When finding out who your competitors are, it’s a good idea to think how a customer could think and go on their journey. How would they find a company offering what you would do?
- Who are these companies?
- Where are they based?
- How big are they?
- Do they offer the same as you?
These could be your competitors, but perhaps you need to dig even deeper.
- What type of company would be a competitor of yours?.
- Who are your local direct competitors?
- Is there anyone offering what you do nationally or internationally?
- Do you consider someone providing the same product as you but into a different market sector a competitor?
- Either way, what can you learn from them?
Another way to find your competitors is to speak to your current customers. And ask them the same questions, as well as these:
- Whom do they consider being a competitor to you?
- If your customers have bought from them in the past, then why did they do so?
Build the picture
There are other questions you can answer to get an even better picture of who your competitors could be
- Who’s advertising online via social media, press, TV and radio.
- Who’s is looking to gain an advantage over you with their keyword listings?
- And at trade shows, which companies can you find that sell what you do?
Now of course you can ask these questions yourself but to if you want unbiased view, it’s a good idea to ask a third party(us) to conduct the interviews for you. Here is an idea. When you lose or gain a customer, why not get that 3rd party to speak to them to assess why they move to or from you? Obviously, you can ask more detailed questions to get better analysis and understanding. A strategic way of doing this is via win/loss analysis.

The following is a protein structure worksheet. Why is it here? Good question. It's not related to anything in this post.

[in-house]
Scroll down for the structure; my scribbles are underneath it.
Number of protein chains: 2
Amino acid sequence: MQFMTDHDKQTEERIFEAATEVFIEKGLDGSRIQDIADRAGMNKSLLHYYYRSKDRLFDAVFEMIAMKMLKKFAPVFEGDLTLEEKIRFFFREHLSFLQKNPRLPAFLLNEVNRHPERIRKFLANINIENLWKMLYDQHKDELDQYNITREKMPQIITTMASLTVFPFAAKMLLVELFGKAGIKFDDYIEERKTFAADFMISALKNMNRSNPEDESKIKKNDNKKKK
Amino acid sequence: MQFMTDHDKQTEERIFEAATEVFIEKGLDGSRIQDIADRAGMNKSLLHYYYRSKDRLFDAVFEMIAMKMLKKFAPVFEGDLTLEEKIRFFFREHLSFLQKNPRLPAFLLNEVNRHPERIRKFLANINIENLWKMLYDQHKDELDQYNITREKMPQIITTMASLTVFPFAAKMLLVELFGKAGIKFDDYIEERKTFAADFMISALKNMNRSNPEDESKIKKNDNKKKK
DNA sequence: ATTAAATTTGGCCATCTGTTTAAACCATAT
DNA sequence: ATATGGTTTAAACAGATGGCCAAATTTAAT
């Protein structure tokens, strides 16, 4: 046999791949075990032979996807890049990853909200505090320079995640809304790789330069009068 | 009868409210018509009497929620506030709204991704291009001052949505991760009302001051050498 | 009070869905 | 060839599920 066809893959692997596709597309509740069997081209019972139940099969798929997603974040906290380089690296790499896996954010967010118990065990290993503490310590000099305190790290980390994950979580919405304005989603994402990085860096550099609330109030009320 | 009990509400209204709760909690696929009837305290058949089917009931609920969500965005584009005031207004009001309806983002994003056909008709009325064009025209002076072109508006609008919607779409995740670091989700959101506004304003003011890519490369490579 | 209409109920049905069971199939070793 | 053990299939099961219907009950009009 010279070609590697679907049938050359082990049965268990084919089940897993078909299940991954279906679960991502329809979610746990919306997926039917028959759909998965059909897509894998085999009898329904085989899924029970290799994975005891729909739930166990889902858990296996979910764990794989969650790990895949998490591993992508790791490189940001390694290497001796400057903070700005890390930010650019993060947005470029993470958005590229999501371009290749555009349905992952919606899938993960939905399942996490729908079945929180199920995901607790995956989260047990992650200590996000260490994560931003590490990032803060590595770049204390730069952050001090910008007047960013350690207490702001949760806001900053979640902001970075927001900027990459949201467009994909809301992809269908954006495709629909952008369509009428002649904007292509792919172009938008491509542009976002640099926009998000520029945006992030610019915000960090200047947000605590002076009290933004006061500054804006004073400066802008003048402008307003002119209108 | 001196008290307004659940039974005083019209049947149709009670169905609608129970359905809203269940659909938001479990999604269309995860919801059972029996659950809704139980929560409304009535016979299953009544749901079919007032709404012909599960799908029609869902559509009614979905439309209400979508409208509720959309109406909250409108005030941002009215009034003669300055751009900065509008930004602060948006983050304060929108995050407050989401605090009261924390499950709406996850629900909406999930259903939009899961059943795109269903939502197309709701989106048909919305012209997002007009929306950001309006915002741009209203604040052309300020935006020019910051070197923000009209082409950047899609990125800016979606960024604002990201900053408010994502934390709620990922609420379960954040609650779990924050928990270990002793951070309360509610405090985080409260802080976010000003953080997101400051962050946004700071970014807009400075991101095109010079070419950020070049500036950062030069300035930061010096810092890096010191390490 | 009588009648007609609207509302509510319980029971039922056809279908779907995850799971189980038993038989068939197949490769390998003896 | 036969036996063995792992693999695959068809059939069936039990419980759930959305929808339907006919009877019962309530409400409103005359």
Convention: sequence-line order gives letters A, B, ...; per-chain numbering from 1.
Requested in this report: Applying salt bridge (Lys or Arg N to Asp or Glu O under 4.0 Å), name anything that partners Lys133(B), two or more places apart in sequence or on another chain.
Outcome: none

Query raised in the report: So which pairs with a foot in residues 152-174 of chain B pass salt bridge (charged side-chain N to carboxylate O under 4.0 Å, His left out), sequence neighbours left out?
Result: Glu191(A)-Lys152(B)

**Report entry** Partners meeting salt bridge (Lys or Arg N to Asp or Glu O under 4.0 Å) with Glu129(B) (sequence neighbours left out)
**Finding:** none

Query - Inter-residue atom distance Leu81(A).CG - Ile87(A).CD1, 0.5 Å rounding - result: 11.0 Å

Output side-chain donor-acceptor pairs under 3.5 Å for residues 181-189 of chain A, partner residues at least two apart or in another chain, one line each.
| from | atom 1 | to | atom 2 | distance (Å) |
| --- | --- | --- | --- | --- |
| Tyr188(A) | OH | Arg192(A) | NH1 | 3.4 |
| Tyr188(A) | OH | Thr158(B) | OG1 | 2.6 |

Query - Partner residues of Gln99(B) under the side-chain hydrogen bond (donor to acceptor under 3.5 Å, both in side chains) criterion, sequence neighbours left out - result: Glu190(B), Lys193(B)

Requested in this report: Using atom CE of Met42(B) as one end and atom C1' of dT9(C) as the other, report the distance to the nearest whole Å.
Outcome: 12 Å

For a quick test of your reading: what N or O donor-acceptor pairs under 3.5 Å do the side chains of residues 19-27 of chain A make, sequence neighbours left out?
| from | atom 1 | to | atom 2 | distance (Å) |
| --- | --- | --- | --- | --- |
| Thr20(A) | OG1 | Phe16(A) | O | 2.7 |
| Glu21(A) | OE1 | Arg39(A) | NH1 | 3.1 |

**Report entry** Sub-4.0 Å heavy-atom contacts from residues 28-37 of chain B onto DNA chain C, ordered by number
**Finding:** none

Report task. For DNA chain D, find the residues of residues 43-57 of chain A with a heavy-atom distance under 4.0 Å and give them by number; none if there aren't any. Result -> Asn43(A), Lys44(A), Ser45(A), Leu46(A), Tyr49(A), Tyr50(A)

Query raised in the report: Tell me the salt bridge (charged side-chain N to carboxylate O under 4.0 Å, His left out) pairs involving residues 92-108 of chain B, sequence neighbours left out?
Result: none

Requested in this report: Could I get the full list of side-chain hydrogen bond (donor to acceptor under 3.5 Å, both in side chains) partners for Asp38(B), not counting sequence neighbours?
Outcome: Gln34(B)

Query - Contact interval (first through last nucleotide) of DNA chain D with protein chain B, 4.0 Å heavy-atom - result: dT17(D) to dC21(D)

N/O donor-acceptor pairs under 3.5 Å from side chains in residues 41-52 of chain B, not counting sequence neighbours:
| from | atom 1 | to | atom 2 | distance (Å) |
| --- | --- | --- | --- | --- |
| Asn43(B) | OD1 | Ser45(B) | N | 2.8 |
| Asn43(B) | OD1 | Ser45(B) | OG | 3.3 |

So now you have a basic list of competitors and it’s time to gain more basic insight into them by:
- Finding and reading their annual reports
- See what’s in the press
- Find their marketing material
Now determine if they are a threat to you.
- Do they convert your customers? Have you seen they are attracting them?
- Do they target higher or lower value clientele?
- Are they in a niche market or generalist?
- How capable are they to you
- How financially strong are they compared to you
- What other strengths do they possess?
Key one eye on them
And remember just because a company is not competing with you today does not mean they will not compete with you tomorrow. You cant keep an eye on everyone, and you have to make priorities.
Currently, we define the competitor landscape as:
Your key competitors
The next big thing. Those who have the potential to become key competitors.
Potential competitors who have the resources to smash a hole in the market – For instance, Google developing a product or Apple buying a key competitor.
Hopefully, we have suggested a couple of starting points to so you can answer how do I find out who my competitors are?